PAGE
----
A prize bull has been born that is genetically engineered so that 75 per cent of his offspring will be male.
In the meat industry, males are preferable to female animals because they are heavier and are 15 per cent more efficient at turning food into bodyweight.
This preference is the opposite for dairy cows, where females are favoured due to their ability to produce milk.
However, this genetically-modified bull, called Cosmo, is from a breed of cows that are grown for their meat, not for milk.
Cosmo was born in April at the University of California Davis, weighing around 110 pounds, and is believed to be perfectly healthy.
However, when Cosmo was just a clump of cells in the lab, experts inserted a gene called SRY into his chromosome 17.
SRY is known to initiate male development, regardless of which sex chromosomes an animal has.
As a result of this, scientists predict 75 per cent of Cosmo’s offspring will be male.
Half will be the normal males with XY chromosomes, but an additional quarter will be genetically female (XX) who inherit the SRY gene and grow up as males.
The other 25 per cent of descendents will be normal females without the SRY gene.
‘We anticipate Cosmo’s offspring that inherit this SRY gene will grow and look like males, regardless of whether they inherit a Y chromosome,’ said Alison Van Eenennaam, animal geneticist with the University of California Davis Department of Animal Science.
The path to creating Cosmo has been a long one filled with several failures, as genetically modifying animals is still an emerging field.
The researchers use a powerful tool called CRISPR which allows scientists to insert, replace or delete entire genes.
It not only alters the individual animal itself, but brings about permanent change that is also passed down the generations.
Previous attempts to improve the male-female ratio in cattle had failed because the academics were focusing on the X chromosome, which determines an animal’s sex.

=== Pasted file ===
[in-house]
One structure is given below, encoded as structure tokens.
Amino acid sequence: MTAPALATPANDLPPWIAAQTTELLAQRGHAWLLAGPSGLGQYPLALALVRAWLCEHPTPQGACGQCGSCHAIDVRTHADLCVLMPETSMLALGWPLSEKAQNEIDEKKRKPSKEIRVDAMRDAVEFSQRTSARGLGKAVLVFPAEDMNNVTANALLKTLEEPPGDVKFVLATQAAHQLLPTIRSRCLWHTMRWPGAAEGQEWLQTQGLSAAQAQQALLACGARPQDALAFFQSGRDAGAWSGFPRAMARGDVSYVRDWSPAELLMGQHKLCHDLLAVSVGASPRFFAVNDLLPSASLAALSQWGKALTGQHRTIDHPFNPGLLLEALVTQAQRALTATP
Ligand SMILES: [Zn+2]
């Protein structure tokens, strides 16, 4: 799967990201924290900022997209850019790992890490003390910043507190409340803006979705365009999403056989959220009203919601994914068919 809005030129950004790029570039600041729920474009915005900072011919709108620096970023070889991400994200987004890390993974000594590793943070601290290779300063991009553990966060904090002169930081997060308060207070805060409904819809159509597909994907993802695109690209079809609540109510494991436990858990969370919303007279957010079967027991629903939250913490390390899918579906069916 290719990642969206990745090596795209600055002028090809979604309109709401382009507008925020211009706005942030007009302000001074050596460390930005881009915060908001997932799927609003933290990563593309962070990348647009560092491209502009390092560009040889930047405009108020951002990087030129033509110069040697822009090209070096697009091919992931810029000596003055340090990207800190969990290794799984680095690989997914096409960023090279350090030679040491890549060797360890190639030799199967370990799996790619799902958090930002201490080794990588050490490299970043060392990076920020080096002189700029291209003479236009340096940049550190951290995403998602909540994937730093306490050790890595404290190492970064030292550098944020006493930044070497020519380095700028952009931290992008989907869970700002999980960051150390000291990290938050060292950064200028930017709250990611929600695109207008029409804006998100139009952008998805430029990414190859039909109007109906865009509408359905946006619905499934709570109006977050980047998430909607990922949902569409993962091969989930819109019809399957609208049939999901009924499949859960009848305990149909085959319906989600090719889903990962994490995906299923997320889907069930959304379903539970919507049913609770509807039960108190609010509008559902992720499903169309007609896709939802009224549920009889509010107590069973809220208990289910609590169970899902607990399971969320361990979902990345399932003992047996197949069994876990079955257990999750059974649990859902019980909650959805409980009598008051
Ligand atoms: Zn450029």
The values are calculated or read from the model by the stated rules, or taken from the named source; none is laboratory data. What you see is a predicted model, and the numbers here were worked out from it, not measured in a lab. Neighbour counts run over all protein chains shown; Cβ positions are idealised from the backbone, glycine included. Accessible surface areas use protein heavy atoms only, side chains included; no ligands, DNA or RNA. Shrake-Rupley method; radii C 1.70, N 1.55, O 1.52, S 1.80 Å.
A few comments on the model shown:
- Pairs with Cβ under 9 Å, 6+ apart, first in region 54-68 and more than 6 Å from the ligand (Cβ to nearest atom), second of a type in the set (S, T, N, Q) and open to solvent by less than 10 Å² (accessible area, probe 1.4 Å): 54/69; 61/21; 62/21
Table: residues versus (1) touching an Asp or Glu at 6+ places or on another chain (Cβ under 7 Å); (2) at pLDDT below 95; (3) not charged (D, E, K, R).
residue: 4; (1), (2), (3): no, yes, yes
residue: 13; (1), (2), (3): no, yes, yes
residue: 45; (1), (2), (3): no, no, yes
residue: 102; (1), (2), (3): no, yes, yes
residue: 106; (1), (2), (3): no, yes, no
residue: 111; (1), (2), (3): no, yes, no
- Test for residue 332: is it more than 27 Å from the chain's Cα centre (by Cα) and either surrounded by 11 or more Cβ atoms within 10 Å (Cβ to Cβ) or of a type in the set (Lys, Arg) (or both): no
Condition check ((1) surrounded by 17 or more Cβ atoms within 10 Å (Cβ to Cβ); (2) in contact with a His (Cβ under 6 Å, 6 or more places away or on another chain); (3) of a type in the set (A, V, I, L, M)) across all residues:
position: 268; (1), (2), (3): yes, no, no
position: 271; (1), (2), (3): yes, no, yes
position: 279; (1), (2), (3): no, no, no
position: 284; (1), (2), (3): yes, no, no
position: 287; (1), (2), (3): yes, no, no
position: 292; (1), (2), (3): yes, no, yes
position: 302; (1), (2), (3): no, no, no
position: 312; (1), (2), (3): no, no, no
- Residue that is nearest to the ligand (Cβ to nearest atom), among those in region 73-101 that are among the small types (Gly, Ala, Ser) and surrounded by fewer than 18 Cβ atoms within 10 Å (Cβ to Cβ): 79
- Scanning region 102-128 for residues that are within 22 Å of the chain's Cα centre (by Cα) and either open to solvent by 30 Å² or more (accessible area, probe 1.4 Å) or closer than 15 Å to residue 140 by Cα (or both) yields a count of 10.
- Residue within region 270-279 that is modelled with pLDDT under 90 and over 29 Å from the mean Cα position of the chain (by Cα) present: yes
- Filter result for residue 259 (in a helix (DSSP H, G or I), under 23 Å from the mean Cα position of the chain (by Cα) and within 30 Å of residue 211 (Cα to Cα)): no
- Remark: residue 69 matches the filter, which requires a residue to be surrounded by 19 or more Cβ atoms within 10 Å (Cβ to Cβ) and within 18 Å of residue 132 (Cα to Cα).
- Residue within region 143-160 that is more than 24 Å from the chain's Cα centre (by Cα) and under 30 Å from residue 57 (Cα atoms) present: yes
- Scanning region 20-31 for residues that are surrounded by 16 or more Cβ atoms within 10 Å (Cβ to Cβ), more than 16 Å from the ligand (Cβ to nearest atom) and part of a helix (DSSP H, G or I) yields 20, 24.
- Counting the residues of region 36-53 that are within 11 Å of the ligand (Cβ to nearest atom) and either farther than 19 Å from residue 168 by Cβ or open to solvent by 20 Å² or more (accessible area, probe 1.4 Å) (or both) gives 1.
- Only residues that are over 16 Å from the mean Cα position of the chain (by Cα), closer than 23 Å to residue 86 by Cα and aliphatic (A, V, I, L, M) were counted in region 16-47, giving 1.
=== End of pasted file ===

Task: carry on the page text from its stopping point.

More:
‘It took two and a half years to develop the method to insert a gene into the developing embryo and another two years to successfully establish a pregnancy,’ said Joey Owen, a postdoctoral researcher who is co-lead of the project.
Cosmo is currently too young to sire his own offspring and will enter a breeding programme in 12 months.
His offspring will then be analysed to see if the presence of SRY on chromosome 17 is enough to trigger male development in animals that are XX.
Cosmo is a purely experimental creature and any animals produced from his lineage will not enter the human food supply, as genetically modified animals are not prohibited.
CRISPR is such a powerful tool it has sparked ethical debates over its use in animals and especially in humans.
In 2018, disgraced scientist He Jiankui announced that he had bankrolled an illegal project which used CRISPR to genetically alter two unborn twin babies in China.
His work led to international condemnation and he was ostracized by the scientific community.
The powerful tool CRISPR-Cas9 was used to snip away a section of their DNA and replaced with a HIV-resistant variant, He claims.
He, along with nine listed co-authors, proclaims his work as a ‘success’ and goes as far as to say it ‘will bring new hope to millions of families seeking healthy babies free from inherited or acquired life-threatening diseases.’
However, scientists brutalised the research and said it was littered with issues.
Academics who reviewed extracts from the controversial paper say He likely failed to give the babies a HIV-resistant gene and instead unwittingly inputted potentially dangerous mutations into the genomes of the twins, Lulu and Nana.